Last updated: 02:07 PM ET, Thu June 18 2015

Will Yangtze River Disaster Dampen Chinese Cruise Growth?

Cruise Line & Cruise Ship | Theresa Norton | June 18, 2015

Will Yangtze River Disaster Dampen Chinese Cruise Growth?

PHOTO: Dwain Wall shares his thoughts on the Yangtze River tragedy from his Beijing office. (Courtesy of Dwain Wall)

Chinese authorities have confirmed that 442 people died in the tragic Eastern Star sinking on the Yangtze River, which ranks as the country’s worst shipping accident ever.

Such disasters can dampen travel for a time, but could this one curtail demand for cruising, even as U.S. lines race to establish and grow a Chinese cruise market?

We put the question to Dwain Wall, the former CruiseOne/Cruises Inc. general manager who now lives in Beijing as co-president of Bestours Software, the parent company of a new Chinese cruise website called

“Whenever an event of this magnitude occurs there will no doubt be some travelers who will have concerns about safety and cruising,” Wall said in an email. “Thus far, because this vessel is not in the same category as an ocean liner, the consumer doesn’t seem to be linking the two. When disasters such as this occur in China, the government is quick to react to control the narrative and has a tight control of the information about the disaster. The news has focused on the heroism of rescuers, including navy divers, who pulled two people to safety. A day after the disaster, state television began running highlight reels of rescued victims and valiant divers.”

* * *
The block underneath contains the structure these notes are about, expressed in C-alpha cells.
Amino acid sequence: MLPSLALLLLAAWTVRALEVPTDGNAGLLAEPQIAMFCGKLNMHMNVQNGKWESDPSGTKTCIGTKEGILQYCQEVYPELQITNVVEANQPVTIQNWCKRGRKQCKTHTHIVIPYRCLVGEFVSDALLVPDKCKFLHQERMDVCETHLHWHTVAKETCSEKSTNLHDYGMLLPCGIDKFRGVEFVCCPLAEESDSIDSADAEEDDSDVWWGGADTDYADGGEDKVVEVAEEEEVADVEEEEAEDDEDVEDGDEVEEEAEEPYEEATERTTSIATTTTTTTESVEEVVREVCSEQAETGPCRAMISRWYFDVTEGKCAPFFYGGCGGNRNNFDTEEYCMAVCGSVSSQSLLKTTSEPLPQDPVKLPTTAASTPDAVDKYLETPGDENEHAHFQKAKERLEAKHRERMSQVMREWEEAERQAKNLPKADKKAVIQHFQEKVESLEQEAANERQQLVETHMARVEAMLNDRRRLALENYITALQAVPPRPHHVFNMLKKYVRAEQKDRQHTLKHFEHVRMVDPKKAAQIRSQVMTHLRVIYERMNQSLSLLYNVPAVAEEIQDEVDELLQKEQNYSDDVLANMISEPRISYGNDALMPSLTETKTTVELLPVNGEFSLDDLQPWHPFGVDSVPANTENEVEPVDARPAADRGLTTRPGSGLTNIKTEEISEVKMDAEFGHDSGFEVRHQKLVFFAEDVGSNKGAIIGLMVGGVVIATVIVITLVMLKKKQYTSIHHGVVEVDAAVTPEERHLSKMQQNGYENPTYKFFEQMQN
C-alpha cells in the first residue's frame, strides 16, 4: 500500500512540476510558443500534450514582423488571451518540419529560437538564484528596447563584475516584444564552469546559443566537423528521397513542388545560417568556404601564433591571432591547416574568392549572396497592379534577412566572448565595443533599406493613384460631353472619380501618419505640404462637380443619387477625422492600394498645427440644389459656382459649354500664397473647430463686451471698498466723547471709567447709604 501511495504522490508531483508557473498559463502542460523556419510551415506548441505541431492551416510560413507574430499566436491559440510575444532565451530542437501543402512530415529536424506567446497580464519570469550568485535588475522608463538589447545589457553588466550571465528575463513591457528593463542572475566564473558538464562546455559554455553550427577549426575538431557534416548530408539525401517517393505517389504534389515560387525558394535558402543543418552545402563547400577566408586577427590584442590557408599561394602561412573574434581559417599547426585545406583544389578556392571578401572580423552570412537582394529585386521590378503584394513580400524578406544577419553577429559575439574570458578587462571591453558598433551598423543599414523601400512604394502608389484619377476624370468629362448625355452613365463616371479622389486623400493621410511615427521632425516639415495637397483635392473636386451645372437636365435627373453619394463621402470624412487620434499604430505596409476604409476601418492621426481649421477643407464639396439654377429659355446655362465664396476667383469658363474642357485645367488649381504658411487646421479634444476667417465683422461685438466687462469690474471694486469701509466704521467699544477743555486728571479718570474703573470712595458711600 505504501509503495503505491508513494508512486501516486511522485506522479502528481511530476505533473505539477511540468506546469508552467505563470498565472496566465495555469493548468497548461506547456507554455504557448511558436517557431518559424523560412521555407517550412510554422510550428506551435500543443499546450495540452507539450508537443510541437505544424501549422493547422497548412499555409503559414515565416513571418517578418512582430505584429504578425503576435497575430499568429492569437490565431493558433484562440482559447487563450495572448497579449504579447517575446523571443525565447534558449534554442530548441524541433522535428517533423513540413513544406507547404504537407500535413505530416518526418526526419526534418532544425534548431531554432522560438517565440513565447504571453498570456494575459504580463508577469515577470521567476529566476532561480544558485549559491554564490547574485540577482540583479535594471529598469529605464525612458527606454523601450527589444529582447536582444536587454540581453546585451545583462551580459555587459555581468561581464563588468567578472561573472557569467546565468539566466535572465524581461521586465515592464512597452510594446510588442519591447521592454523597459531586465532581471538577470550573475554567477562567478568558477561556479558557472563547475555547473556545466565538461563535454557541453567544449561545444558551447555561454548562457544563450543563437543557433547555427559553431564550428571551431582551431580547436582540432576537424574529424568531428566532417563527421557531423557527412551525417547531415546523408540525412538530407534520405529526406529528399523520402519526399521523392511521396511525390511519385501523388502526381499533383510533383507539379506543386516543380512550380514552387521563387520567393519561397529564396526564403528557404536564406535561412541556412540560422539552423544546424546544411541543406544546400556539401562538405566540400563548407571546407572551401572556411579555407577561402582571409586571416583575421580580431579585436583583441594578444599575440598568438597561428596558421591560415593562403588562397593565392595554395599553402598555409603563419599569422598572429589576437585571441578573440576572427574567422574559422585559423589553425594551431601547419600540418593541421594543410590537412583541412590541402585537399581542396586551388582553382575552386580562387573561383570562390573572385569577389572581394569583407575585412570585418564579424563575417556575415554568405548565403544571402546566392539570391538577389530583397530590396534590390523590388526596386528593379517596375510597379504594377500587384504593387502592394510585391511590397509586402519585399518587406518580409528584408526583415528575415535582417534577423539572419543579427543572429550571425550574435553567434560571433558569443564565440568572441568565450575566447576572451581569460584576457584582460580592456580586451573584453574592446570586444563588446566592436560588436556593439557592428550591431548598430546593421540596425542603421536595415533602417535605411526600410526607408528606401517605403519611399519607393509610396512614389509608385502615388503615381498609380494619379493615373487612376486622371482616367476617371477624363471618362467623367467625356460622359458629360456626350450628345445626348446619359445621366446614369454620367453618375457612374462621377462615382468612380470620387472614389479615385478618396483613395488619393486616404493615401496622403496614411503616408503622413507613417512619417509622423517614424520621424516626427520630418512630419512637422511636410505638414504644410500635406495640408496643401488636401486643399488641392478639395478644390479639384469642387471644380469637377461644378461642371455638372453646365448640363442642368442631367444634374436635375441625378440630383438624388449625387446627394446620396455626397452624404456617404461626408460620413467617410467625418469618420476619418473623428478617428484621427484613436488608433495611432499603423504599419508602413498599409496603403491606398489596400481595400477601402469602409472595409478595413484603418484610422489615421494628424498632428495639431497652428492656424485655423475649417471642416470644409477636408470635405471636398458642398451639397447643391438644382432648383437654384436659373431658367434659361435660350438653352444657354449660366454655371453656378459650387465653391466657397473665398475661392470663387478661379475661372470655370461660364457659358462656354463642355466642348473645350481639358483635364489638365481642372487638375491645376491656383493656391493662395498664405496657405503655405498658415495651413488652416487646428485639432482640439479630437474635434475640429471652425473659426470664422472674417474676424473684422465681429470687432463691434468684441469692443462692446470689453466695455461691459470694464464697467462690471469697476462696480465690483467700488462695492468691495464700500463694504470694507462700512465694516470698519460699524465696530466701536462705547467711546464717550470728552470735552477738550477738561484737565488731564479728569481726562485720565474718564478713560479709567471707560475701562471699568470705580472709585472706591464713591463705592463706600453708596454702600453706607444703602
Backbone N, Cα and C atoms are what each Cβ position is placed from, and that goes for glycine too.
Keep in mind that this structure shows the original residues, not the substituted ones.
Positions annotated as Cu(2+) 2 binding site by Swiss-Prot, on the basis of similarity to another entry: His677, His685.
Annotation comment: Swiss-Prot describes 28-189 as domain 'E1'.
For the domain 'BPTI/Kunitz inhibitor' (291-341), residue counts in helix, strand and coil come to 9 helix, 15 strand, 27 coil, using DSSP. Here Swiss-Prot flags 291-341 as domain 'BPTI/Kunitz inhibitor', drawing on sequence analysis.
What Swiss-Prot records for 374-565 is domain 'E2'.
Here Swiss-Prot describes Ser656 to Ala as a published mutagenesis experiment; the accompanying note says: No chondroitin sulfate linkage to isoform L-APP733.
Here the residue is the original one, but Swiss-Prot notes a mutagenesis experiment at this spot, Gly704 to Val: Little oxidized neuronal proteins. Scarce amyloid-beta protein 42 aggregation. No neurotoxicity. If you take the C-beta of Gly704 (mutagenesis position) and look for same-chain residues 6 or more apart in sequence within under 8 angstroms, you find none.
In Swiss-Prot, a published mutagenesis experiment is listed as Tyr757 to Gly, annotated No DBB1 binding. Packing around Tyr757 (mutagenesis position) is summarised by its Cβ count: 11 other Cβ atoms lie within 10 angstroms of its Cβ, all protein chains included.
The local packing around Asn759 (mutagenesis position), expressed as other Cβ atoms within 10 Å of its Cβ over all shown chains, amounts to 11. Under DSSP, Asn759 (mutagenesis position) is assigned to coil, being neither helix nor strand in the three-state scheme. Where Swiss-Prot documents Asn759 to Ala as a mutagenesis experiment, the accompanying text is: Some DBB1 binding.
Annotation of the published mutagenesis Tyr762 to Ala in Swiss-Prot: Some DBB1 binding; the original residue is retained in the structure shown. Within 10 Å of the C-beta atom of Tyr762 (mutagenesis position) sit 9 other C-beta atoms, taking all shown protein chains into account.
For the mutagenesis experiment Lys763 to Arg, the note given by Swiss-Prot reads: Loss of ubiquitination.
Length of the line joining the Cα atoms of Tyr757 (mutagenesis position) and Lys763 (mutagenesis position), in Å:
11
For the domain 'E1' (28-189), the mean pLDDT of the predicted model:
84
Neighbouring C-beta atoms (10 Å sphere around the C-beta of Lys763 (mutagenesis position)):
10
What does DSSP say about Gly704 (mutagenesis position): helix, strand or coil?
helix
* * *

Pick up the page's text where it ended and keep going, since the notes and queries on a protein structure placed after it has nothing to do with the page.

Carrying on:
Here in the U.S., companies that sell Yangtze River cruises to Americans were quick to point out the differences between their vessels and the Eastern Star. Ships operated by Victoria Cruises and Century Cruises meet much higher, international safety standards.

Wall said Chinese TV broadcasts focused on the conditions on the river at the time of the sinking.

“The television news has been mostly focused on the cause of the incident, which points to heavy thunderstorms and the possibility of a tornado actually hitting the ship,” Wall wrote. “The working theory is that the captain made an abrupt turn of the ship to try and steer the ship out of the way of the oncoming tornado, but the tornado hit the small vessel broadside as it was making the turn, which may explain why it capsized so quickly.”

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